After all of the conversion drawings were completed, the Harrington and Richardson Arms Company and International Harvester both submitted bids to manufacture the T48 rifle. Harrington and Richardson was eventually chosen to produce the T48 rifles while the Springfield Armory would manufacture the competing U.S. T44E4 design. The Hand Arms and Equipment Unit of the Armory was ordered to prepare Ordnance drawings, provide manufacturing information and technical data to the Boston Ordnance District, for use in administering the contract number DA-19-020-ORD-3436 for the caliber .30 T48 rifle to H&R.

A representative from the Springfield Armory attended a four-day conference held from May 16-20, 1955 at the Royal Small Arms Factory in Enfield, Middlesex England. The conference, initiated by the British government, was the first in a series to promote cooperation and eventual tri-partite NATO standardization of the Belgian FN FAL rifle. The general feeling was that since the NATO countries had (reluctantly) adopted the U.S. 7.62mm cartridge, they expected the U.S. to reciprocate and adopt the FAL rifle. Then, not only would NATO have a common cartridge, but a common service rifle as well.

Officials from Fort Benning reported that the Belgian made T48 rifles were experiencing functioning problems under dusty conditions. Similar problems were encountered with the FAL rifles during desert testing by Great Britain. To address the problem, a small delegation of Americans who represented the U.S. contractors, visited the Royal Arms Factory in England and the Fabrique Nationale factory in Liege, Belgium. The problem was traced to the FAL’s close manufacturing tolerances between the bolt carrier and the receiver. The Belgium engineers suggested the incorporation of “sand cuts,” or zig-zag grooves machined into the bolt carriers. This eventually solved the problem.

After the first 100 U.S. made T48 Harrington and Richardson FAL rifles were ready in September 1955, 10 were randomly selected for testing at the Aberdeen Proving Center. The Harrington and Richardson T48 rifles experienced a few initial problems with small parts failing and stoppages. After these problems were addressed and solved, testing resumed. Early manufacture Harrington and Richardson T48 rifles were unable to qualify in the accuracy test. This problem was traced back to excessive machining tolerances on the barrels, partially as a result of a drawing conversion error.

A final head to head full-scale test of the T48 versus the T44E4 was scheduled for the spring of 1956. However, instead of an out and out test, only a brief trial was conducted. The testing took place concurrently at Fort Benning, Georgia and the U.S. Marine Base at Quantico, Virginia.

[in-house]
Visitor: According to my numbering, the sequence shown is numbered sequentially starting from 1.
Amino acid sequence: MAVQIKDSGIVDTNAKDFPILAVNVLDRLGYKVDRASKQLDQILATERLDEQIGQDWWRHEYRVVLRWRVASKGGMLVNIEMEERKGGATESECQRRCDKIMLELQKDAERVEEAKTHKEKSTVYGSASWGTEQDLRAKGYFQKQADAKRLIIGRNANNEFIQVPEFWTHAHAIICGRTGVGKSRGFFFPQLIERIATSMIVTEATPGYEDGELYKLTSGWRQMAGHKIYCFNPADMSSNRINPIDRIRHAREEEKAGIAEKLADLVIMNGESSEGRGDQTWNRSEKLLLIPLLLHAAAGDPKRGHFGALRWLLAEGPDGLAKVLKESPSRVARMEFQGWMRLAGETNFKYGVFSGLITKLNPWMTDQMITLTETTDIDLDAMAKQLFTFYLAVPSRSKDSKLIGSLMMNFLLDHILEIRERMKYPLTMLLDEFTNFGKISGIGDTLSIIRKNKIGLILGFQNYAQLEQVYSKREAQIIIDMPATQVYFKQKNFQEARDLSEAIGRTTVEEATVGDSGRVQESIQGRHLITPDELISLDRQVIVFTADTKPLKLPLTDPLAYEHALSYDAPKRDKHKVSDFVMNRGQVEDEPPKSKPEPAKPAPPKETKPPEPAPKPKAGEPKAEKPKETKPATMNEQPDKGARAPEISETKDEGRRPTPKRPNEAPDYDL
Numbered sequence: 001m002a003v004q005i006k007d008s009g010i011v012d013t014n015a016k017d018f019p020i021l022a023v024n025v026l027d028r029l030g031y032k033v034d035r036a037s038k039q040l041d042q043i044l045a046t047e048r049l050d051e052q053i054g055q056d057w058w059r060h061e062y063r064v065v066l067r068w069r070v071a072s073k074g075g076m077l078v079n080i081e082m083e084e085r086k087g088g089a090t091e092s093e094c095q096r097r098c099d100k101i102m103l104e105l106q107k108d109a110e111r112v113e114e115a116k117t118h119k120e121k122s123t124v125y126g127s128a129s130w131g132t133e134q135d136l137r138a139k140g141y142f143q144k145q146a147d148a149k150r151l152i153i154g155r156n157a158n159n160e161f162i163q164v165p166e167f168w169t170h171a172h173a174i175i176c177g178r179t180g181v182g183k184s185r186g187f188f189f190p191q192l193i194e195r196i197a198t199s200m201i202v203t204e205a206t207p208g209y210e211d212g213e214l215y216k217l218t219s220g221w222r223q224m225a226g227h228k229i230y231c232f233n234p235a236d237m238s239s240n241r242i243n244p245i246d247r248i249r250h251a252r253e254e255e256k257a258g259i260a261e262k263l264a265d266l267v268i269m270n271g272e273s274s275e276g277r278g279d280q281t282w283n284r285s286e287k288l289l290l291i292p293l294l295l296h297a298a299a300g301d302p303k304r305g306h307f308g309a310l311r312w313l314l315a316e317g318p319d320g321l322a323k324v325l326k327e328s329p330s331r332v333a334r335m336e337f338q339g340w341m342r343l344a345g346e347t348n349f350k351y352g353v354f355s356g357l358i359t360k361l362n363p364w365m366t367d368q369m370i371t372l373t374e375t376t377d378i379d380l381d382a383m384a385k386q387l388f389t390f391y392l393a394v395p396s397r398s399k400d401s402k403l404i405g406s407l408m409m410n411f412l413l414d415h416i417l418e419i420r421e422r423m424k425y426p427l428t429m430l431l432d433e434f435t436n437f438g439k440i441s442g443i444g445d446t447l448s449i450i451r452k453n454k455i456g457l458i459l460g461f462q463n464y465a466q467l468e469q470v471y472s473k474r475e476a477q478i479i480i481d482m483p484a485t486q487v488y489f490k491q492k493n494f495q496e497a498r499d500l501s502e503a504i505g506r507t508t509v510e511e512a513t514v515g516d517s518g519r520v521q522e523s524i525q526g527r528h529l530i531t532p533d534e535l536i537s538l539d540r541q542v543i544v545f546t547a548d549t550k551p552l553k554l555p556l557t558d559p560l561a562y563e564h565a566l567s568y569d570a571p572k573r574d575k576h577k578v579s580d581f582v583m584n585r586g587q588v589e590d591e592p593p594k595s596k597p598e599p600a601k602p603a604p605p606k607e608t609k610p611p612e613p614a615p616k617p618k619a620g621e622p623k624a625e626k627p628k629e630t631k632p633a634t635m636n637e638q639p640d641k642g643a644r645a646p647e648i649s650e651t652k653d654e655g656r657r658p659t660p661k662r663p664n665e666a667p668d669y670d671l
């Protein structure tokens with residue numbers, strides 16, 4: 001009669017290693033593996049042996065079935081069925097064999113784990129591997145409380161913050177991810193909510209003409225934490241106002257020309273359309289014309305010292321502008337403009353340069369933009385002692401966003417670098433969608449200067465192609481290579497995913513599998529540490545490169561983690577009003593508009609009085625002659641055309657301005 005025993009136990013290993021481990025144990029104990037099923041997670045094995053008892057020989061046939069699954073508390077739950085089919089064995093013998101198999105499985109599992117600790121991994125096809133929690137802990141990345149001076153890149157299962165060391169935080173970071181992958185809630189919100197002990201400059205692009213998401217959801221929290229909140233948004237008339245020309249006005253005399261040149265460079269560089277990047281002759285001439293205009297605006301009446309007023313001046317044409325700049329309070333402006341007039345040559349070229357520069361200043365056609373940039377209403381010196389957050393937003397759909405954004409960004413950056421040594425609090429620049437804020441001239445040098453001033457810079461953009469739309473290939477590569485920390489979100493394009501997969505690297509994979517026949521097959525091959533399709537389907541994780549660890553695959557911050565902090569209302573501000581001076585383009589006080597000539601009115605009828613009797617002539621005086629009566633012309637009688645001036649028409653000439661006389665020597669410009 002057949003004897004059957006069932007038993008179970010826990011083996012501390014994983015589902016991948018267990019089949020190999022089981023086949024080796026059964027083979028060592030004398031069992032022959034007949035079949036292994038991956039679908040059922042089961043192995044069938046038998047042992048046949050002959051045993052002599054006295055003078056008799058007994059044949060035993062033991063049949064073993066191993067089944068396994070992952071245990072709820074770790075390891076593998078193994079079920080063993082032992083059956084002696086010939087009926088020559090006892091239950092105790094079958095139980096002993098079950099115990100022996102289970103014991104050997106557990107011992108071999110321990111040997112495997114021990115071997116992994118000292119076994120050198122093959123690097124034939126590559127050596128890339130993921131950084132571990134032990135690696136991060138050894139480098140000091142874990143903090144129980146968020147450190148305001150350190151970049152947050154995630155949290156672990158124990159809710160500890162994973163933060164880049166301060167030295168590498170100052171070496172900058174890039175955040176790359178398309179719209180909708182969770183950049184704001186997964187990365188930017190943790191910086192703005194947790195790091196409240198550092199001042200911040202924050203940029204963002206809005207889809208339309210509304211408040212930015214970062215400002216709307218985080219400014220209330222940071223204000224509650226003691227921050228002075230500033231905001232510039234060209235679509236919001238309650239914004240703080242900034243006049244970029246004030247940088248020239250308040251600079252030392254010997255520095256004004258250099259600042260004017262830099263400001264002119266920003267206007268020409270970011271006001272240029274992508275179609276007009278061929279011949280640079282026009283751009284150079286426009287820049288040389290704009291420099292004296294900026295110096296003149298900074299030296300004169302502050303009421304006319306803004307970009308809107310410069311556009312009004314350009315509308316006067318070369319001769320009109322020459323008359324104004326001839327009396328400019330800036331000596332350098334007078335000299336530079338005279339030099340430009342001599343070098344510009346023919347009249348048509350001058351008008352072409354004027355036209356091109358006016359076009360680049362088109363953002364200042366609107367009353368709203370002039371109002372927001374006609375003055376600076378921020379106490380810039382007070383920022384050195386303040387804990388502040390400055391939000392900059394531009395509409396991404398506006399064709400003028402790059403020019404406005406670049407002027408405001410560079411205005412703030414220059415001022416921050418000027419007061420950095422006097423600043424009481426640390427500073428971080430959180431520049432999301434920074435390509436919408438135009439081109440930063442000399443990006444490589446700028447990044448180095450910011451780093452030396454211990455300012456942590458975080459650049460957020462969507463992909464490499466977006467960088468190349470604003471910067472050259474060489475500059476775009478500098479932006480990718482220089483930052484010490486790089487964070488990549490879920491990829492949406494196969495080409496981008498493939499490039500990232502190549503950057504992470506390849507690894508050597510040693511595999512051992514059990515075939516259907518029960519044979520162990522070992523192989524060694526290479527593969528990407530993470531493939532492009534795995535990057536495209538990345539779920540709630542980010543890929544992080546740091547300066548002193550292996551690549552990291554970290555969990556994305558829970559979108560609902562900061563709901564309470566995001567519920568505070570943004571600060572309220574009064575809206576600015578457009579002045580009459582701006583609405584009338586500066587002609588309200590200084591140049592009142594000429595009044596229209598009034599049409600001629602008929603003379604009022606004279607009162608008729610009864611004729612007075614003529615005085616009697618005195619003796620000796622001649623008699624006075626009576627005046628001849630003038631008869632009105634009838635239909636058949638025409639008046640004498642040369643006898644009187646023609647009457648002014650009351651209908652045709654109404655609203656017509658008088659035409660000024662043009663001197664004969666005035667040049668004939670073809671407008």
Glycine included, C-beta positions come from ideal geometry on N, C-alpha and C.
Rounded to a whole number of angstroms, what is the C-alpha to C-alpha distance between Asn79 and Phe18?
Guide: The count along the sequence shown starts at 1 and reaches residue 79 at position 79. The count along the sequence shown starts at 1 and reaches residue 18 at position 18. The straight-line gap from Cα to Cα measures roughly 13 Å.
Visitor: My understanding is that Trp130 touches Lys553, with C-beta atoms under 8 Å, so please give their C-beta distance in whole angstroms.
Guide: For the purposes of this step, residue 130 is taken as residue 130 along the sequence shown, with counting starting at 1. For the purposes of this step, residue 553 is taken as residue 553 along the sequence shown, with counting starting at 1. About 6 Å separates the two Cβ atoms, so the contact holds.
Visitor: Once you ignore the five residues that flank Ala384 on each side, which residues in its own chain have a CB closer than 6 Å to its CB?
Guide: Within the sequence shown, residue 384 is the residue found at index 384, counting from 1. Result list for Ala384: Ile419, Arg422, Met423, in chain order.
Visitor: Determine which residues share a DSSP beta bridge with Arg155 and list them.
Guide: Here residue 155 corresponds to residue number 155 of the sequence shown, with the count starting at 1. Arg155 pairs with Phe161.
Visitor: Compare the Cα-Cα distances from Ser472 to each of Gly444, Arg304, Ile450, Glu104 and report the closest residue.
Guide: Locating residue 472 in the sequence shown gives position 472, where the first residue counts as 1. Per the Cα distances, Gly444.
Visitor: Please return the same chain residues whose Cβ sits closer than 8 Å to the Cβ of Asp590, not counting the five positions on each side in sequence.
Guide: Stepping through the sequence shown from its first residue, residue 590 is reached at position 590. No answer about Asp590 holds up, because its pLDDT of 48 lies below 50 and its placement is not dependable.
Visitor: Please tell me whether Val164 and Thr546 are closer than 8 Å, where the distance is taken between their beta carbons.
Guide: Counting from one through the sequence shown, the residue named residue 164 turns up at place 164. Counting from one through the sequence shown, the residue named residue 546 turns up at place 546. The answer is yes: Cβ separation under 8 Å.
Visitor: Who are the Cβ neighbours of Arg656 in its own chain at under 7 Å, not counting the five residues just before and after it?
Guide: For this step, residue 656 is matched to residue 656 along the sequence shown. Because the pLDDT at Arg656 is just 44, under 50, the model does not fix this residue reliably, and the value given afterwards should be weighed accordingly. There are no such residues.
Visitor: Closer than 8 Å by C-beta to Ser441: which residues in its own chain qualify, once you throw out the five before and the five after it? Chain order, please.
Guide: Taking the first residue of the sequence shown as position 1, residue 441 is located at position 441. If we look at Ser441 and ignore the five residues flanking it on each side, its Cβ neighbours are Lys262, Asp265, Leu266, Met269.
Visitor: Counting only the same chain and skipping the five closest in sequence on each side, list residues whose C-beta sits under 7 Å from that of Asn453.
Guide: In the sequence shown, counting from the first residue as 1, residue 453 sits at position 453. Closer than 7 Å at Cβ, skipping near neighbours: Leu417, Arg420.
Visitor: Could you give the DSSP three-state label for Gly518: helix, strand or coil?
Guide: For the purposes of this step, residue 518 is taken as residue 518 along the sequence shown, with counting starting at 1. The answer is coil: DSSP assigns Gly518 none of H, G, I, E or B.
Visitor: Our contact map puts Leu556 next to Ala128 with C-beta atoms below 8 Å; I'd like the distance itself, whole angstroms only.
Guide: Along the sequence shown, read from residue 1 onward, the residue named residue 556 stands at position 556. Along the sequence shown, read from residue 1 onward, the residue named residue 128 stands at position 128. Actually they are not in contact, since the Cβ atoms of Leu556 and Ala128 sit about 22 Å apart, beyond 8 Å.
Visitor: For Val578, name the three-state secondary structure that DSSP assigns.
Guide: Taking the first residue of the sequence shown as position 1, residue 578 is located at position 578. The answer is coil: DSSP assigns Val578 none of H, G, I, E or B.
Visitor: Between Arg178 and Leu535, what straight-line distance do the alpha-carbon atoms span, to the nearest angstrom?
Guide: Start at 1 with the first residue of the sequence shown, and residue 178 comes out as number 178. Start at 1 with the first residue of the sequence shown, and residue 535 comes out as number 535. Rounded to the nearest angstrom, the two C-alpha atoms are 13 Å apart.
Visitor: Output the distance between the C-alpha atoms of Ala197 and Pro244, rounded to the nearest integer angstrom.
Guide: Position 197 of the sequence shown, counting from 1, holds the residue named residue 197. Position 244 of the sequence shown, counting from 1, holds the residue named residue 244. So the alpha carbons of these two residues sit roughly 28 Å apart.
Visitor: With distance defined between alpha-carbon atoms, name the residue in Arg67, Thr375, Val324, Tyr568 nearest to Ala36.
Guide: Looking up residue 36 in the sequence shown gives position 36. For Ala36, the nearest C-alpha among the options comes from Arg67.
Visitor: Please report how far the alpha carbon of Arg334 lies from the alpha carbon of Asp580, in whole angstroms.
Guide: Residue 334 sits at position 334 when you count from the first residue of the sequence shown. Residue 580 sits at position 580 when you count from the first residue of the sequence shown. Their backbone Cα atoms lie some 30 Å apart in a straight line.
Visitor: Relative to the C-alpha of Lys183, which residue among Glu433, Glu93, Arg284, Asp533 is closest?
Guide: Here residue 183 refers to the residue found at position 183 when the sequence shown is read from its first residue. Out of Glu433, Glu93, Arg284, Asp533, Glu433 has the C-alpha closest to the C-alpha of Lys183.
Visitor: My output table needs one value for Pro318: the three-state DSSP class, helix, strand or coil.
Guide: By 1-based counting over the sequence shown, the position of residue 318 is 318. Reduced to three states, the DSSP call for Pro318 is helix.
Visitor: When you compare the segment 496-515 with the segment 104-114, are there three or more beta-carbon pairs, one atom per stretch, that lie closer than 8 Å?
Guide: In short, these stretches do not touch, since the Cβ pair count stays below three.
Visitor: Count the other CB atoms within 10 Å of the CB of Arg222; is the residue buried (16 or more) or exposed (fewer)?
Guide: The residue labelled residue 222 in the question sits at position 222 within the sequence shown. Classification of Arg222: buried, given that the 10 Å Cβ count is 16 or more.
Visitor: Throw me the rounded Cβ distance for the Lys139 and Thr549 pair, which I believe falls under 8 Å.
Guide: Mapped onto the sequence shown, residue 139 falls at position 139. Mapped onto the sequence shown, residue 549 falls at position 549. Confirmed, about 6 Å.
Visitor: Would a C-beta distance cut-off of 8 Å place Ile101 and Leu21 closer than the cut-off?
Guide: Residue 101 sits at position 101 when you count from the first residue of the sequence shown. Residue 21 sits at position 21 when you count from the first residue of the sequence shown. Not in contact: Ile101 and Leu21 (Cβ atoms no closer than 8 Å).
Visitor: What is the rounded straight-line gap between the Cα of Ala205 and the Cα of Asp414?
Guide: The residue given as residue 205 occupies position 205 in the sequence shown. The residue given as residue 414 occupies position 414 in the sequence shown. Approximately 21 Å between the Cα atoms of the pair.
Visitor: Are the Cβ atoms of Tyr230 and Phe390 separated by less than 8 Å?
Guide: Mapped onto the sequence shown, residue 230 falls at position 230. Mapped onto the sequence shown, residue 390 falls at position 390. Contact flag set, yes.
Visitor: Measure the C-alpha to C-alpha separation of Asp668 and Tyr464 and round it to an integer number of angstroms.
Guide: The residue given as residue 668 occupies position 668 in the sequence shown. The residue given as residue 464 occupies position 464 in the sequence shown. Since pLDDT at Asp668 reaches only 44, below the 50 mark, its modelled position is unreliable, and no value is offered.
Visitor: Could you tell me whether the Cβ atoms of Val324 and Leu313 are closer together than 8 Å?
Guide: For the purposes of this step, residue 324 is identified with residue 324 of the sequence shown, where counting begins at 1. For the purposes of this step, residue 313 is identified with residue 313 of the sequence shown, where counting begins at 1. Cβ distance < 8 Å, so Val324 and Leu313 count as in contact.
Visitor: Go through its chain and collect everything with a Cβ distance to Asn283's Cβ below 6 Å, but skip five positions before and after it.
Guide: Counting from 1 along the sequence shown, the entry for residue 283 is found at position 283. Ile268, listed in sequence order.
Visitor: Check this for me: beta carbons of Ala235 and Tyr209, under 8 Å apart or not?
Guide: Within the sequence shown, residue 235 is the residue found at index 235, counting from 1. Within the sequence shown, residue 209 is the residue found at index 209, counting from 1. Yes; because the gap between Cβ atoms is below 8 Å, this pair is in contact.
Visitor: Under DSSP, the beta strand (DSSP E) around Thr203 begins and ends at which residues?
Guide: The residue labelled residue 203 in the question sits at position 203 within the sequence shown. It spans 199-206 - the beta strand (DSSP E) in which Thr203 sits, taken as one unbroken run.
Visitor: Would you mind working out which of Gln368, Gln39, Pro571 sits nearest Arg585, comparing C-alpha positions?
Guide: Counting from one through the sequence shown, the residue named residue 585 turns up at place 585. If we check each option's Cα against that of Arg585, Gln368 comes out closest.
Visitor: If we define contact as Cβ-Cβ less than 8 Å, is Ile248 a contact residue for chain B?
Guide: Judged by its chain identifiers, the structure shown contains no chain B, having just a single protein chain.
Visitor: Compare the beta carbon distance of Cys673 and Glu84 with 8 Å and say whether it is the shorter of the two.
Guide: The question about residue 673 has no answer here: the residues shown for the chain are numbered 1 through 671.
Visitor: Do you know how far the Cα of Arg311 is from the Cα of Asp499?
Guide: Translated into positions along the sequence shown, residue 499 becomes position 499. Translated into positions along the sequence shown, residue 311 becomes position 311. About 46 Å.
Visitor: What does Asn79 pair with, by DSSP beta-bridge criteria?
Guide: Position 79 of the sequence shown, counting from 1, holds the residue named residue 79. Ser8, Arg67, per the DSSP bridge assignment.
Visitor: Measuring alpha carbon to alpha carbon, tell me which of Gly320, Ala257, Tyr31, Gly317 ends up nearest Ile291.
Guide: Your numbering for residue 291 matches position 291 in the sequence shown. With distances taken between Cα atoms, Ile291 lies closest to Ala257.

There was a great deal of skepticism on behalf of those involved in the testing about the United States Army adopting a foreign designed infantry weapon for its forces. Many felt that the U.S. Ordnance Department was simply going through the motions of testing the FAL rifle to appease the other NATO members, who were pressuring the U.S. to adopt the Belgian rifle. On the other hand, there was great political pressure from the U.S. Army and the Springfield Armory to adopt the U.S. designed T44E4.

After the trials were completed, Fort Benning reported that both rifles were suitable for army use, failing to decisively choose one design over the other. The U.S. Marine testing at Quantico reported that the Springfield Armory’s T44E4 rifle entry held a slight edge. It seemed as though no one was prepared to select one rifle over the other, as it was becoming a very sensitive political issue.

After a thorough study of all the test reports, which lasted nearly a year, the U.S. Ordnance Department finally came to the conclusion that the U.S. designed T44E4 rifle possessed the following advantages;
  1. The T44E4 rifle was a full pound lighter than the T48.
  2. The T44E4 contained fewer parts and had a single-port gas system that didn’t require adjustments.
  3. The similarities between the T44E4 and its predecessor, the M1 Garand rifle, would ease both training and manufacturing requirements.

Despite pressure from the other NATO countries for the U.S. to adopt the Belgian designed T48 rifle, on 1 May 1957 Secretary of the Army Wilbur H. Bruckner announced that the T44E4 and T44E5 were being adopted as the Standard U.S. service rifles as the M14 and M15 respectively. An Ordnance Committee meeting held on 14 November 1957 finalized the adoption of the M14 and M15 rifles as Standard.

The Belgian FAL rifle, in slightly varying configurations, was eventually adopted as the standard infantry rifle by over ninety countries. The FAL would become the most prolific rifle among the NATO alliance, and made in far larger quantities than any other 7.62mm rifle.

This article first appeared in Small Arms Review V9N9 (June 2006)
and was posted online on February 15, 2013